As business brokers, we get these folks once in a while. They have been scouring the internet for years, looking for the perfect business opportunity and never taking the search past emailing the broker on the listing.


If you feel like you are a serious business buyer, but that description sounds like you – you may not be as serious as you think.


First and foremost, there is no such thing as the perfect business. It is often said that you only find what you are looking for, so if you look for reasons not to buy a business by demanding perfection, then you will never own a business. Instead, you need to adopt the mindset of a serious business buyer – that there is a great business out there if you are motivated to find it and realistic about what you are looking for.


How do you get serious about buying a business? If you are realistic and motivated, you can find any number of businesses that could work for you.


First, you need to know that a listing is just the tip of the iceberg, and as such you can’t really make major determinations about a business from this scant bit of information alone. Business listings are meant to help in the search process, so whenever you find a listing that interests you, call your business broker or (if you don’t have your own broker – which you will need, see “Business Broker 101: A Business Buyer’s Guide to Working With a Broker, Part 1: Why Do I Need a Business Broker?“) get in touch with the broker who has the listing. We don’t mean that you should just send an email, get someone on the phone and have a discussion about the business that is listed and see whether or not it may be a good fit for you.


At this point if you would like more information about the business you will have to sign a non-disclosure agreement. This agreement protects the seller of the business from those who would use the confidential material released to them in an improper way. If you are a prospective buyer, you need to be prepared to sign these types of agreements. These agreements are in no way binding you to the business, they are just a way for you to see more.


If you like what you see after this point, make an offer. By making an offer, you let the seller know that you are a serious buyer who is motivated to buy a business. Once you have an accepted offer, the transaction will then move to the due diligence process. Making an offer in no way forces you to buy the business, it just allows you to take a look at the financial records more closely. At the end of due diligence you will be able to make a decision of whether or not to go through with the purchase of the business.


The moral of the story is to change your approach if you are buyer who really wants to own a business but has never made it past a listing search. By having a realistic outlook and staying motivated throughout the process, you will be well on your way to business ownership.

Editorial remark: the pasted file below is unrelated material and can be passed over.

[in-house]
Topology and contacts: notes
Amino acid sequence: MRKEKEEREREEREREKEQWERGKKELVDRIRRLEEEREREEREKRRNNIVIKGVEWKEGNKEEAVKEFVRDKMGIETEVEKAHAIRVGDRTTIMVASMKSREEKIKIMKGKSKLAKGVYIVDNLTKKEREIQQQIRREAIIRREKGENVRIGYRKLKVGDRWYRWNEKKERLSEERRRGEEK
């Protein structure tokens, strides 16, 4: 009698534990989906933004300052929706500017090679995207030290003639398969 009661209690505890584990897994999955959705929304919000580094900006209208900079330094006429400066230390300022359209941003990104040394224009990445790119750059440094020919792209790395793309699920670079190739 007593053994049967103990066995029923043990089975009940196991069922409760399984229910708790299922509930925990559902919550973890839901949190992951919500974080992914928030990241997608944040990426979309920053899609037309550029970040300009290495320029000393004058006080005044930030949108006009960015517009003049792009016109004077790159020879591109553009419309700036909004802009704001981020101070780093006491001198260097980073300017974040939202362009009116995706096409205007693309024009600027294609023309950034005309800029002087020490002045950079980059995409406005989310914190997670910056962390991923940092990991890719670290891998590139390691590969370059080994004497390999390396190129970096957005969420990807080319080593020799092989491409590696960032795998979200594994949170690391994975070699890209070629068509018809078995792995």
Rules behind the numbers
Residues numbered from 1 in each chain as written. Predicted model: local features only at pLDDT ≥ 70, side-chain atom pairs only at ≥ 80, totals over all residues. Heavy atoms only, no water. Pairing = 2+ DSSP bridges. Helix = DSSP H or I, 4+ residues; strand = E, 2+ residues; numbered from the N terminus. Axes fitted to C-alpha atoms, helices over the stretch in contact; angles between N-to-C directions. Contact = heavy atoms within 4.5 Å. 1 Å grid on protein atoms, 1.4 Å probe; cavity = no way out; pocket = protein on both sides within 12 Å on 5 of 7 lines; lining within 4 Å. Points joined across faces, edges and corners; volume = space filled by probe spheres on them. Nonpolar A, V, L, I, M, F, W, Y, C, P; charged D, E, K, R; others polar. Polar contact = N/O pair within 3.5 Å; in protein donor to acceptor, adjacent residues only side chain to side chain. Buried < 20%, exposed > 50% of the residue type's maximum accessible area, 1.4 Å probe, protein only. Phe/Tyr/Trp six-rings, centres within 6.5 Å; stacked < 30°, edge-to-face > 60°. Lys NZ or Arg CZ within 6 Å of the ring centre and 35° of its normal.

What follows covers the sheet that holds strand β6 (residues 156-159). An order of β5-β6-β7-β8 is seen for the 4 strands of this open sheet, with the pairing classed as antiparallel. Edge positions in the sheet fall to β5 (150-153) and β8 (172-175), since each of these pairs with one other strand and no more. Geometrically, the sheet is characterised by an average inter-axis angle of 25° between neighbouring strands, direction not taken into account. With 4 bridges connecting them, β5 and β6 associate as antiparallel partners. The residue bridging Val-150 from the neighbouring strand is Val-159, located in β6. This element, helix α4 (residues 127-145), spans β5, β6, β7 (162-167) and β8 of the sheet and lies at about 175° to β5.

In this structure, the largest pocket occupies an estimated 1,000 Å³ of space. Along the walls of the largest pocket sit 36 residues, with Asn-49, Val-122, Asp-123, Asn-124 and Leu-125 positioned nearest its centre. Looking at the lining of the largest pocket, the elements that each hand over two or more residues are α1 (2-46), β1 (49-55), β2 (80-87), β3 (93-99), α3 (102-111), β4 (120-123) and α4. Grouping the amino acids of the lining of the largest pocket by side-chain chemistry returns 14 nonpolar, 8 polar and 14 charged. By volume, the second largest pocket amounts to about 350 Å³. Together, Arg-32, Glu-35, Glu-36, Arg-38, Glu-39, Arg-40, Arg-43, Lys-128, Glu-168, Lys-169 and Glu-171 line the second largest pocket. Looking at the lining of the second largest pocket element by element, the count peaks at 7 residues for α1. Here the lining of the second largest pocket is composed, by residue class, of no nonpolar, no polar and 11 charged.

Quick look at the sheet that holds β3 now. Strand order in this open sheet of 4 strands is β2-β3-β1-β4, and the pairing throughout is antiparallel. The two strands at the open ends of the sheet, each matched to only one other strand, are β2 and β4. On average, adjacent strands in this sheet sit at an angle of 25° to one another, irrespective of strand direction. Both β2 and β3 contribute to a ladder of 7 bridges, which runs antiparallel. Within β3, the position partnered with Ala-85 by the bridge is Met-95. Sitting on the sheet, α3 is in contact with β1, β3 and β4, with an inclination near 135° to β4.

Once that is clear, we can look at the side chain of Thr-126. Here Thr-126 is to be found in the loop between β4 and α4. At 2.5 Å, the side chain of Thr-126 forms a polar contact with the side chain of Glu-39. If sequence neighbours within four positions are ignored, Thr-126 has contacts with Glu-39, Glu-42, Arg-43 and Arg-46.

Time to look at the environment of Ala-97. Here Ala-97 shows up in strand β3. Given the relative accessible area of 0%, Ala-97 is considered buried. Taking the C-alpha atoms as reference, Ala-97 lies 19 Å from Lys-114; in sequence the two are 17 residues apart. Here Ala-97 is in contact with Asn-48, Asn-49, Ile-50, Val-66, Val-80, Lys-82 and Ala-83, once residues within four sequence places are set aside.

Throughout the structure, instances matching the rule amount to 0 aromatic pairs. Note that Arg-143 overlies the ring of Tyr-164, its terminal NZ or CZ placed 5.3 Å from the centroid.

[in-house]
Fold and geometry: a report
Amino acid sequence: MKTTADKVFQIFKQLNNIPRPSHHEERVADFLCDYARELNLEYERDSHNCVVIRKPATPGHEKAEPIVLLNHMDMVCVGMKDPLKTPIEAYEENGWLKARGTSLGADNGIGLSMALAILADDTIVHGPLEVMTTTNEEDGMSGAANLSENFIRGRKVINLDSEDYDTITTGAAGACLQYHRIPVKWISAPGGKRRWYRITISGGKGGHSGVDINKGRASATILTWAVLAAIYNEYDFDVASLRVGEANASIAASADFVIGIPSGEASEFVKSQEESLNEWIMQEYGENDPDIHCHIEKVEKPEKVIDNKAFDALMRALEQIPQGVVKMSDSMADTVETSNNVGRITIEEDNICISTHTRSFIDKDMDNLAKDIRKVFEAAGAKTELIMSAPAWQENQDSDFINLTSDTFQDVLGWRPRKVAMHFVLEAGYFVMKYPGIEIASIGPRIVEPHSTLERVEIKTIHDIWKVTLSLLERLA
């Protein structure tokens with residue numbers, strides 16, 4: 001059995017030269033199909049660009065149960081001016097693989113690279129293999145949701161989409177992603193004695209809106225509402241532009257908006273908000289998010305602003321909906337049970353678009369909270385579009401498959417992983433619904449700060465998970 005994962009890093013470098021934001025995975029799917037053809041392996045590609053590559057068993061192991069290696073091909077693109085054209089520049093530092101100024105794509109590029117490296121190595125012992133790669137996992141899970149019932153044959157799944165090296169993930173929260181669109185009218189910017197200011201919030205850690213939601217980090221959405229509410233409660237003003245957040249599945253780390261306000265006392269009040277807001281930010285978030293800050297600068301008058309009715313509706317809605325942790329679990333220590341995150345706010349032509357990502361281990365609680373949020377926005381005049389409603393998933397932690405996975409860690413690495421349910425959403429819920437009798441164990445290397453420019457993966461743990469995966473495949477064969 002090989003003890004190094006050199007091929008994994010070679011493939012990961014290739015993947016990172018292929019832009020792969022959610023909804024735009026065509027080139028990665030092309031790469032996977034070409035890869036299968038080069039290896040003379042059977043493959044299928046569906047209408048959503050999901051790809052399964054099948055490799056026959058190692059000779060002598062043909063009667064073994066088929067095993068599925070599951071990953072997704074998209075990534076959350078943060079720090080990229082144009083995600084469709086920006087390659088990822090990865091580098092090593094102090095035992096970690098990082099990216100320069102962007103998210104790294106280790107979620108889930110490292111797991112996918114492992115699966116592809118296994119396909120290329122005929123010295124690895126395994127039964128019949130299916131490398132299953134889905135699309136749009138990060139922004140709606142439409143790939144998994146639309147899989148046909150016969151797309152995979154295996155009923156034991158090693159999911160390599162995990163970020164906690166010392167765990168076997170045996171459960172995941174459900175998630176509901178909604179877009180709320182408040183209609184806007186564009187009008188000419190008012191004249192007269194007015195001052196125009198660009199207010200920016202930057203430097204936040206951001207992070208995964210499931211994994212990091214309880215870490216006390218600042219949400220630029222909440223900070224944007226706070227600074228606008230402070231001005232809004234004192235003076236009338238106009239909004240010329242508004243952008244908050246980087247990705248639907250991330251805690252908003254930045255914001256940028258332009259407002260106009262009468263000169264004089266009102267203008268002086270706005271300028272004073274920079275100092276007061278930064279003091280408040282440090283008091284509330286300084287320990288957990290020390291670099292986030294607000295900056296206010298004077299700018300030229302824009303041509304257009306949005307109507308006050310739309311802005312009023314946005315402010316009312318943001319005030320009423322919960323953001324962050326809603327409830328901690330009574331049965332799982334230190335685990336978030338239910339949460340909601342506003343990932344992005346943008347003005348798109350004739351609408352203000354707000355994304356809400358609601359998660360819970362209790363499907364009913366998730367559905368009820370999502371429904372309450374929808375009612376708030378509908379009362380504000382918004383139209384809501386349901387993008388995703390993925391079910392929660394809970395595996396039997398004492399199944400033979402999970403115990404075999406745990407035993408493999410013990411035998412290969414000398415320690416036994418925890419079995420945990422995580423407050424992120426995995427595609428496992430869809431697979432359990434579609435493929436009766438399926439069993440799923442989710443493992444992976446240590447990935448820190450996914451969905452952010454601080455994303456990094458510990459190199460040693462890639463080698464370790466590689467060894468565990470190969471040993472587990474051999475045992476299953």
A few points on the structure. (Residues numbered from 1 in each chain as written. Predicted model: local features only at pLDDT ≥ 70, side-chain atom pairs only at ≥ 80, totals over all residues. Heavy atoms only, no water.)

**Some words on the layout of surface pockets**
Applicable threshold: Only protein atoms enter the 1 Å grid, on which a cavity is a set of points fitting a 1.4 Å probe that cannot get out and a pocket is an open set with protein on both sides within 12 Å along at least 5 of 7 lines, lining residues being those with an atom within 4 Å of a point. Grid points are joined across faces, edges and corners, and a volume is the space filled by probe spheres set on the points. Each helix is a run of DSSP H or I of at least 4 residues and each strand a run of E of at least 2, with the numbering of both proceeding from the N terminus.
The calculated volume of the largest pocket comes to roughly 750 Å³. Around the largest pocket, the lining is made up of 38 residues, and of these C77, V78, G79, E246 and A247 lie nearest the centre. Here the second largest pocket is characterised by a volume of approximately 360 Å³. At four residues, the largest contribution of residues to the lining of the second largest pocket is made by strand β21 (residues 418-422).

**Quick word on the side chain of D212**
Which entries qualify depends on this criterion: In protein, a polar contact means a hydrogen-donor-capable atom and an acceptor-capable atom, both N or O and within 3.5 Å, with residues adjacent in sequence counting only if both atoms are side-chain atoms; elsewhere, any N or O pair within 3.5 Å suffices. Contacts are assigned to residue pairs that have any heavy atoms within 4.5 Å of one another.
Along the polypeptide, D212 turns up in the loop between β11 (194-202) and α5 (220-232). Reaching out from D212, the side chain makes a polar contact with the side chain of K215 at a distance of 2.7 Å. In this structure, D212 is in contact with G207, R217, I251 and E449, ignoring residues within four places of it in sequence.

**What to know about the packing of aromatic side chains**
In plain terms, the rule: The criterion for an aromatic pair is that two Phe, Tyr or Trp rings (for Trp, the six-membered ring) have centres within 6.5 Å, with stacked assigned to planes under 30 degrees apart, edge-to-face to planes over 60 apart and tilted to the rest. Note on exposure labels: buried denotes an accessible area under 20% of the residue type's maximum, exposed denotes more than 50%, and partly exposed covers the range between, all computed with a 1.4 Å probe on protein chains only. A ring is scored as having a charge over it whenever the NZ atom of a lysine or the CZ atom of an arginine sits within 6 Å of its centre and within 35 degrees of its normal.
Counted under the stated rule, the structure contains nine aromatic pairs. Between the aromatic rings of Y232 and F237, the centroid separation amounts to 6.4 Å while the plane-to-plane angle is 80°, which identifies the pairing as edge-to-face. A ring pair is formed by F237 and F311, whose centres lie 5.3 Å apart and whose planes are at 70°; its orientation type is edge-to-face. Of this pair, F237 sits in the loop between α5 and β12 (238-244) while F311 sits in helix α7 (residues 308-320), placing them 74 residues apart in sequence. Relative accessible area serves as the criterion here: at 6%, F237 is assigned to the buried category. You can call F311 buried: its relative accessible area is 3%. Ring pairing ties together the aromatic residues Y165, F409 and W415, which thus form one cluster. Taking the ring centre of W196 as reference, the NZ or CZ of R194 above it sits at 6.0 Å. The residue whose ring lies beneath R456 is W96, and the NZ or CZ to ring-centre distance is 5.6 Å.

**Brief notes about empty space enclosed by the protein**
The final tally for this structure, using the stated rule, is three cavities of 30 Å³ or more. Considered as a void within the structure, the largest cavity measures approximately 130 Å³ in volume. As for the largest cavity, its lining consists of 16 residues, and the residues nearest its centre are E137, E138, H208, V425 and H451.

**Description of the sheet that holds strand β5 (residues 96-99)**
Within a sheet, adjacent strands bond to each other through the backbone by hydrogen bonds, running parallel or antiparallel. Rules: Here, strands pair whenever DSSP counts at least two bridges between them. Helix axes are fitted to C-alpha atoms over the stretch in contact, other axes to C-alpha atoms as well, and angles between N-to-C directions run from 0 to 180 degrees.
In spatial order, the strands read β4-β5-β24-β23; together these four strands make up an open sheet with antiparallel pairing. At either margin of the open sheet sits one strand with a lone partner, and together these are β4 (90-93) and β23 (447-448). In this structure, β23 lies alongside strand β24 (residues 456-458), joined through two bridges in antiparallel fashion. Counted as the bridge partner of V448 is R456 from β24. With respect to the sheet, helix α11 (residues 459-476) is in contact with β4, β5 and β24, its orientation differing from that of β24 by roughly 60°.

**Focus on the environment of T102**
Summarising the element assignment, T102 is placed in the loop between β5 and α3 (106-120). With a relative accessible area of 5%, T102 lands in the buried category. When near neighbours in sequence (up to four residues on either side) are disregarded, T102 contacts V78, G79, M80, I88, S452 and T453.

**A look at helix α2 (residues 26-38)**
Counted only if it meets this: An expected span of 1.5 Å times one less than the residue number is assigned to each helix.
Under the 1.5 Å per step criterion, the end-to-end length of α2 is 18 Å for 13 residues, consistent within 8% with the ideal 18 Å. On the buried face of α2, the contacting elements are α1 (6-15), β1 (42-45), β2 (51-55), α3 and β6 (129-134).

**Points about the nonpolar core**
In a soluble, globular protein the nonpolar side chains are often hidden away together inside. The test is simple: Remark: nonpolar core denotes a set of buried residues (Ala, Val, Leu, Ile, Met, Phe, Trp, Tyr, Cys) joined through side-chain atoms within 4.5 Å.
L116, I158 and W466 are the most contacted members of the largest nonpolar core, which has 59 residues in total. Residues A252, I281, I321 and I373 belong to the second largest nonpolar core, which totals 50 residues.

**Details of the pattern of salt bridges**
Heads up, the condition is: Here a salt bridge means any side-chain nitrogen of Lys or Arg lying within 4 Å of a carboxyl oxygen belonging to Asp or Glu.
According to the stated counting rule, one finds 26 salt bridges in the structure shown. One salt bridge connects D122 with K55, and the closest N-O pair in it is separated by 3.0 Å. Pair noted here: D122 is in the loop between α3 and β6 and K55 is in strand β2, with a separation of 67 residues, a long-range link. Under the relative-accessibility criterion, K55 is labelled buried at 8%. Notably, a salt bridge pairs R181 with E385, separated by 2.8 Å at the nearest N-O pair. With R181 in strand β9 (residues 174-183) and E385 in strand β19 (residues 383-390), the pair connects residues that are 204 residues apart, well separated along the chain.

Are you a business buyer who has spent countless hours searching the internet for a business, but haven’t found one you like? Do you have questions about how you could change your approach to have more success in the business market? Ask us! Leave us a comment or question here, and we will be happy to help you get started in business ownership.




Michael Monnot


Business Sellers: Revealing Your Business To Buyers During Due Diligence

As a business seller with a business on the market, you can feel at times like you are constantly having to reveal the world to complete strangers, an uncomfortable feeling at best.


When you accept an offer from a potential buyer, be prepared. The stage you will enter at this point is known as due diligence, and it is a buyer’s chance to pull back the curtain and really get to know the business from the inside out before they decide to buy it.


This part of the process can be unnerving for a seller, as this buyer will have access to all kinds of financial records like tax returns and contracts, and in some cases client lists and key employees. To get your business sold, you will need to give a buyer access to the information that is going to make them feel like your business is the right choice.


This part of the sales process can be uncomfortable, but there are a few things you can do to ease your discomfort with exposing so much information. First, discuss your apprehensions with your business broker. They will be best equipped to answer your questions about information disclosure.


Next, you can work with your broker to set up stages of disclosure (if your type of business permits this kind of set up) where a potential buyer can have access to less confidential information first, then (if they decide to go ahead with the deal at each step), they can see more delicate information, like a client list. This way, if the buyer decides to pull out at an early stage, they haven’t seen your most confidential business material.


In some cases, at the end of due diligence the buyer will decide for whatever reason not to go through with the deal. What can you do about this person who now knows absolutely everything about the inner workings of your business?


Well, for starters anyone who gets to the due diligence phase has long since signed what is known as a non-disclosure agreement. This agreement allows you as the seller to take legal action against this former potential buyer if they disclose any information about your business that they weren’t supposed to. The non-disclosure agreement process also allows you as a seller to define individuals you don’t want to disclose to – like a competitor, for example. Be sure to discuss the non-disclosure agreement process with your broker if you are at all uncomfortable.


Are you a business seller who is completely uncomfortable with disclosing your business information to a person who may not even buy it? Do you have questions about the legal protections a non-disclosure agreement can give you? Ask us! Please leave us a comment or question and we will be happy to help.

Michael Monnot


Michael Monnot


5111-E Ocean Blvd
Siesta Key, FL 34242

Michael Monnot


9040 Town Center Parkway
Lakewood Ranch, FL 34202


Recent Posts